Flames engulf cargo ship’s remains off US coast; no injuries
Fire burned Friday inside the remains of an overturned cargo ship being dismantled along the Georgia coast.
Susan Inman of the Altamaha Riverkeeper conservation group told The Associated Press she could see flames shooting from the open ends and the top of the Golden Ray on Friday afternoon as she watched from a boat about 300 yards (275 meters) away near St. Simons Island. Thick black smoke was filling the sky, she said, and loud several loud popping sounds could be heard from the shipwreck.
“It is ablaze," Inman said. “You can actually hear explosions."
She said a the fire was being sprayed with hoses from the towering crane being used to dismantle the ship. Video of the scene showed a boat equipped with a water cannon dousing the fire as well.
No injuries had been reported and all demolition crew members near the shipwreck were safely evacuated, said Coast Guard Petty Officer 2nd Class Michael Himes, a spokesman for the multiagency command in charge of the demolition.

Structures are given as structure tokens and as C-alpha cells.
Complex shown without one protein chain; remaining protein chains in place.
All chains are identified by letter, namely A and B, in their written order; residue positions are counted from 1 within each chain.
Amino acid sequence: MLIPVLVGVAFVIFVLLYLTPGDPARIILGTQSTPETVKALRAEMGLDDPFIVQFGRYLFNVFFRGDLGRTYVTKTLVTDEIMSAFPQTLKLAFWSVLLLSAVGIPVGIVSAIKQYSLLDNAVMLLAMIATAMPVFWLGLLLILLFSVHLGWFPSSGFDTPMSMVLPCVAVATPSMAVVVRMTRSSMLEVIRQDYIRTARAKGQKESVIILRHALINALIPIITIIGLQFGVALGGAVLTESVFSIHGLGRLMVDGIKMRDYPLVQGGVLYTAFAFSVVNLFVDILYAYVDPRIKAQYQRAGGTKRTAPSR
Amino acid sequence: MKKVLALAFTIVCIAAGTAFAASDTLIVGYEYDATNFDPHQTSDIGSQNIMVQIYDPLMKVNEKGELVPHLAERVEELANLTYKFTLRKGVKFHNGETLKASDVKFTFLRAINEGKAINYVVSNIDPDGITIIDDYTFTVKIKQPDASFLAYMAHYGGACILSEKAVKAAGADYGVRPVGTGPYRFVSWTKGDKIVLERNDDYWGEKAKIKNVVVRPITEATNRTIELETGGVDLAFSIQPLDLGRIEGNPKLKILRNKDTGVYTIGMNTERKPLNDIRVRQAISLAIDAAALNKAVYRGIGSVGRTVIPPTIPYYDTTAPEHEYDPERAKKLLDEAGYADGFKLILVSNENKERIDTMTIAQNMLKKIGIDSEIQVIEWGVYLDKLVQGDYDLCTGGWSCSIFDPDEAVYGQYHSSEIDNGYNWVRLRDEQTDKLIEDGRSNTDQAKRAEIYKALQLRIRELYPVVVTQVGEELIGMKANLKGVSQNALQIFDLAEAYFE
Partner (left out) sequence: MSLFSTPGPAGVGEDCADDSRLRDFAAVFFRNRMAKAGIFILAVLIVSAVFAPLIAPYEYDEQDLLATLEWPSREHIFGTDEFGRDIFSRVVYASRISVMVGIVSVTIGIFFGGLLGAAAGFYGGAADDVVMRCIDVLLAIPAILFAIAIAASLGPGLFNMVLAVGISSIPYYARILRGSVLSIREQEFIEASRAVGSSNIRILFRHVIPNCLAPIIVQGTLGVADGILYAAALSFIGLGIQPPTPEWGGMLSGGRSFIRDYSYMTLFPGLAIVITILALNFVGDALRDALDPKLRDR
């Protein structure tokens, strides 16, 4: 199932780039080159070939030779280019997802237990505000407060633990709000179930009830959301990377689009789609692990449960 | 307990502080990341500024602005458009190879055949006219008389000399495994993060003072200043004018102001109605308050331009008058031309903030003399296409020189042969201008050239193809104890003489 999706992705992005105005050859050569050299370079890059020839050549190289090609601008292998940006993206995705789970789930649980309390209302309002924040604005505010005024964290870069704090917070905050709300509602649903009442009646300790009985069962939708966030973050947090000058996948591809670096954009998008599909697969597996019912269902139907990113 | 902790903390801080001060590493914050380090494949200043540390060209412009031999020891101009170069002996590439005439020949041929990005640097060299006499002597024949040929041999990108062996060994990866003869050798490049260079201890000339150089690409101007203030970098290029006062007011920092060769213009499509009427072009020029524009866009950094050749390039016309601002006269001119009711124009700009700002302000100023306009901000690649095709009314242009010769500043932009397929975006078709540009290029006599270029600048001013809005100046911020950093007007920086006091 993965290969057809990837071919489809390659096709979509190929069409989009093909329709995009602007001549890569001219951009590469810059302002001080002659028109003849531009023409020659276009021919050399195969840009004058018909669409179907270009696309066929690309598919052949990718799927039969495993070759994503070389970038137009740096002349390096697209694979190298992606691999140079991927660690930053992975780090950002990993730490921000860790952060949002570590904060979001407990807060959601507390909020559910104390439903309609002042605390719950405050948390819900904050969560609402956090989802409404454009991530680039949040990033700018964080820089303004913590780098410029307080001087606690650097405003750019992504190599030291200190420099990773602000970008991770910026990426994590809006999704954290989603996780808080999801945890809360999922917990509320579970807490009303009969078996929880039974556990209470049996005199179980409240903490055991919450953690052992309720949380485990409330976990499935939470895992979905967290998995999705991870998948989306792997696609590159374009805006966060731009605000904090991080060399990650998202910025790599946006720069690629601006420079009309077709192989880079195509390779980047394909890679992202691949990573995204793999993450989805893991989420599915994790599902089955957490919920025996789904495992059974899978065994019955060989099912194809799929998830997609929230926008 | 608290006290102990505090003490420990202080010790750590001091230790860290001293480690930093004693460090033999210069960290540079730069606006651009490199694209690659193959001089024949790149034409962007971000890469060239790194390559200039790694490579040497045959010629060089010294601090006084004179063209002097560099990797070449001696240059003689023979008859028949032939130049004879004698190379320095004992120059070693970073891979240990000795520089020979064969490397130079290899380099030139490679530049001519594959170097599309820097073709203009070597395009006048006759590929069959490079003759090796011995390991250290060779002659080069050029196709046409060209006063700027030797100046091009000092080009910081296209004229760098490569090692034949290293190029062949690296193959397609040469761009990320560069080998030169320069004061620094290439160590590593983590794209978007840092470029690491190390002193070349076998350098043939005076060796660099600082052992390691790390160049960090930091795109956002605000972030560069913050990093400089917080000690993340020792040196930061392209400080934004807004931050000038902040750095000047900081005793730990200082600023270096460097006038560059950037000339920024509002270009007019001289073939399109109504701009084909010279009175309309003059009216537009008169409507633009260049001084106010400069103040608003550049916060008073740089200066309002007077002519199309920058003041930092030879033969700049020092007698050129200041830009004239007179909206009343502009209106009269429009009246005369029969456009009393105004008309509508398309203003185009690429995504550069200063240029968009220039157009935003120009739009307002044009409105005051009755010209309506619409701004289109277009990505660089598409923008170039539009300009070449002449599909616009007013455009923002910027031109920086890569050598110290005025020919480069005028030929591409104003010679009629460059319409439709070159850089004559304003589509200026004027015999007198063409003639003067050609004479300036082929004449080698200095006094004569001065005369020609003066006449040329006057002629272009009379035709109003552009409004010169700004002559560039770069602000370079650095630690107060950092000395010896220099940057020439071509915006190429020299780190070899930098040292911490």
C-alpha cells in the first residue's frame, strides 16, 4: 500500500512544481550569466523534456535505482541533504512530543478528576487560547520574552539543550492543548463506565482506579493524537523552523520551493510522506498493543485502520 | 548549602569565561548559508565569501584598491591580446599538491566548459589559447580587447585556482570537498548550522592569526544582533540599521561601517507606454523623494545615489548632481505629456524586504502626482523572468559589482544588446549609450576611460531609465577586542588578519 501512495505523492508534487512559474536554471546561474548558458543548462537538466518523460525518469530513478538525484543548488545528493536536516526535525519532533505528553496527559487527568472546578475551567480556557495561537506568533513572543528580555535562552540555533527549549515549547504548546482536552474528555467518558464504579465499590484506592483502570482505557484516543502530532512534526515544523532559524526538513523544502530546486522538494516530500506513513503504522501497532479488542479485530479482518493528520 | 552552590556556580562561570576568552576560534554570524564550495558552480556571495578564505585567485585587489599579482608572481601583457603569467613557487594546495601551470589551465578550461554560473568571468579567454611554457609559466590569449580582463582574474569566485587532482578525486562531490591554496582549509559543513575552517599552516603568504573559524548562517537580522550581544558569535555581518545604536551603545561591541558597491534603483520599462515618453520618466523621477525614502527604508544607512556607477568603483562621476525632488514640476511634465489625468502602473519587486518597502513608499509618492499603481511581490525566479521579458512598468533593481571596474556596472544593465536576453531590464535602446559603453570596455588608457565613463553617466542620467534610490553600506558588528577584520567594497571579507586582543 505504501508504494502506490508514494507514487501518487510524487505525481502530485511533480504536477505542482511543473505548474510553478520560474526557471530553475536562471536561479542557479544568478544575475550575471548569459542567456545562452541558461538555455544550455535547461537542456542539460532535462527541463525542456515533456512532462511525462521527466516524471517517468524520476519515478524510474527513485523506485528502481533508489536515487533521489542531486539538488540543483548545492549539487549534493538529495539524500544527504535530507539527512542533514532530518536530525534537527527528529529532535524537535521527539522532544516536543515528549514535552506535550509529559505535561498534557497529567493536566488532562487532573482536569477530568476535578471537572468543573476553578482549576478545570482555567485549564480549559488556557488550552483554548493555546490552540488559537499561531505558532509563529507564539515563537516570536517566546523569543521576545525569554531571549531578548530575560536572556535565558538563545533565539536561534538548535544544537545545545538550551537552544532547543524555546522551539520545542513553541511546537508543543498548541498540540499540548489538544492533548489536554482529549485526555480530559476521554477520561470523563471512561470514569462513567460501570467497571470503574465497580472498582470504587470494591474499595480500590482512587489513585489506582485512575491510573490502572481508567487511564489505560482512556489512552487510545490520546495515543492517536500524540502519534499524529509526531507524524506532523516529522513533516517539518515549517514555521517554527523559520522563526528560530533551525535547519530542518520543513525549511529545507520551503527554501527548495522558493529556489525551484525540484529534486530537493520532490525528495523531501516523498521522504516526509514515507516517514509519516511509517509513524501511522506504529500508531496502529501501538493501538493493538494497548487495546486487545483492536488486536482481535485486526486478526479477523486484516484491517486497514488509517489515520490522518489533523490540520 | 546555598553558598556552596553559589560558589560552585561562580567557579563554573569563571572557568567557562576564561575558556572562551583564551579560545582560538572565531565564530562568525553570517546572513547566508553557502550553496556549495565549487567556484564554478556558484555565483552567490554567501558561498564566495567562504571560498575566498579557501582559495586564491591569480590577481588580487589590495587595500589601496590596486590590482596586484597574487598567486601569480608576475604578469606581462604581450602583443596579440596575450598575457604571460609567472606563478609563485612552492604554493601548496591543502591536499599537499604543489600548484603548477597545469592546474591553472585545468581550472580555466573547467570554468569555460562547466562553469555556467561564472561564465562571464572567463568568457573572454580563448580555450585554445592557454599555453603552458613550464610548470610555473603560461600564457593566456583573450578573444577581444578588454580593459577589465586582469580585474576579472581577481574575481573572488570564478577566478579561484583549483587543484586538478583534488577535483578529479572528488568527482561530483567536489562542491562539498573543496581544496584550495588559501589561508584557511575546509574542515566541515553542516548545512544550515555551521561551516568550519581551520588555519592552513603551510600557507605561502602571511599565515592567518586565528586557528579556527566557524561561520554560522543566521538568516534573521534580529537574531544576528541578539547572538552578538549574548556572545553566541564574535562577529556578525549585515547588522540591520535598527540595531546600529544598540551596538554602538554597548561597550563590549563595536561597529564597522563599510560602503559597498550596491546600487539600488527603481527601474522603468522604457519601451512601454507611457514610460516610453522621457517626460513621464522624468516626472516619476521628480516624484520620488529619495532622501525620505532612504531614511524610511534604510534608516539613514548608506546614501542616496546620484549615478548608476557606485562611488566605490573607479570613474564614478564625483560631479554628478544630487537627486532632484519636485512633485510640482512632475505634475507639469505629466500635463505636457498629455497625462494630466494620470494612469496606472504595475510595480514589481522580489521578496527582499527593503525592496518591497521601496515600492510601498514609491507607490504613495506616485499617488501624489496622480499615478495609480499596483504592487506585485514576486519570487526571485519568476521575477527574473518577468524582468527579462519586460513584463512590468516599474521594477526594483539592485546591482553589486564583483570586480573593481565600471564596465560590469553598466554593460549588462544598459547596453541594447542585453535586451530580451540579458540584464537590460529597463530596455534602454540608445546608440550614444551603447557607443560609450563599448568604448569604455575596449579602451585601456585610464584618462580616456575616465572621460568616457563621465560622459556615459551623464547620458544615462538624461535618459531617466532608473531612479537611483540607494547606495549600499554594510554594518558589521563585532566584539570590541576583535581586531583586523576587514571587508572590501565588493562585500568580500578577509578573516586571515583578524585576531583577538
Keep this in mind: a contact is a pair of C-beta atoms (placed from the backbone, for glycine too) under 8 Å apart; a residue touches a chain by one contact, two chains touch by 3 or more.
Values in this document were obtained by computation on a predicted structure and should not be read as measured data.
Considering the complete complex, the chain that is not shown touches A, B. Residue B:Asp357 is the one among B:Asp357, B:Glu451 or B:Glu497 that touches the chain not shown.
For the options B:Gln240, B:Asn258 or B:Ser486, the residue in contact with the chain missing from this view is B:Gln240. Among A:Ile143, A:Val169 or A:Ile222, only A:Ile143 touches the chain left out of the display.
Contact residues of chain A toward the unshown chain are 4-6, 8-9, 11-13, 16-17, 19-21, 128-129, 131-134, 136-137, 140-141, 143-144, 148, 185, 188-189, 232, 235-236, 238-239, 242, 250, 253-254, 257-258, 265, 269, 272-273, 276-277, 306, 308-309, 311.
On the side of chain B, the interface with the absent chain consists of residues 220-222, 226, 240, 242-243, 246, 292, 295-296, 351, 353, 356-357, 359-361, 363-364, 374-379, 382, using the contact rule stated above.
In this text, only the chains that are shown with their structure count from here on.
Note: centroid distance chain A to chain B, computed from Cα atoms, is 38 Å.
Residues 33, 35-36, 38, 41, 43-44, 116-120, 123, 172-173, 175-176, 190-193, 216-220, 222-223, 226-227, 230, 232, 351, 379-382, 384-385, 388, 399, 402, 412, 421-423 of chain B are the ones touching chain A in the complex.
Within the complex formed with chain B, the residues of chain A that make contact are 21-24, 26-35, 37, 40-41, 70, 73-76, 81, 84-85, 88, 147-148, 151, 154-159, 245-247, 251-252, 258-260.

Himes said flames flared up inside the wreck Friday afternoon as workers used cutting torches along the hull to create a path for the 400 feet (122 meters) of anchor chain being used to tear the ship apart with brute force.
“It is considerable at this time. It picked up very quickly," Himes said of the blaze. “The good news is, because we planned for fires and we planned for the need to evacuate in the case of those fires, all of our crews are accounted for.”
Himes said the fire was likely sparked by one of the cutting torches, even though crews were pumping sea water onto the ship as a fire suppression measure. He didn’t know what was fueling the blaze, but said it’s possibly residual fuel still aboard the ship as well as cars that remain inside its cargo decks.
The Golden Ray had roughly 4,200 vehicles in its cargo decks when it capsized off St. Simons Island, about 70 miles (112 kilometers) south of Savannah, on Sept. 8, 2019. Crews have worked since November to carve the ship into eight giant chunks, then carry each section away by barge.
In April they reached the halfway mark after separating the ship’s engine section. The vessel measured 656 feet (199 meters) long when it overturned.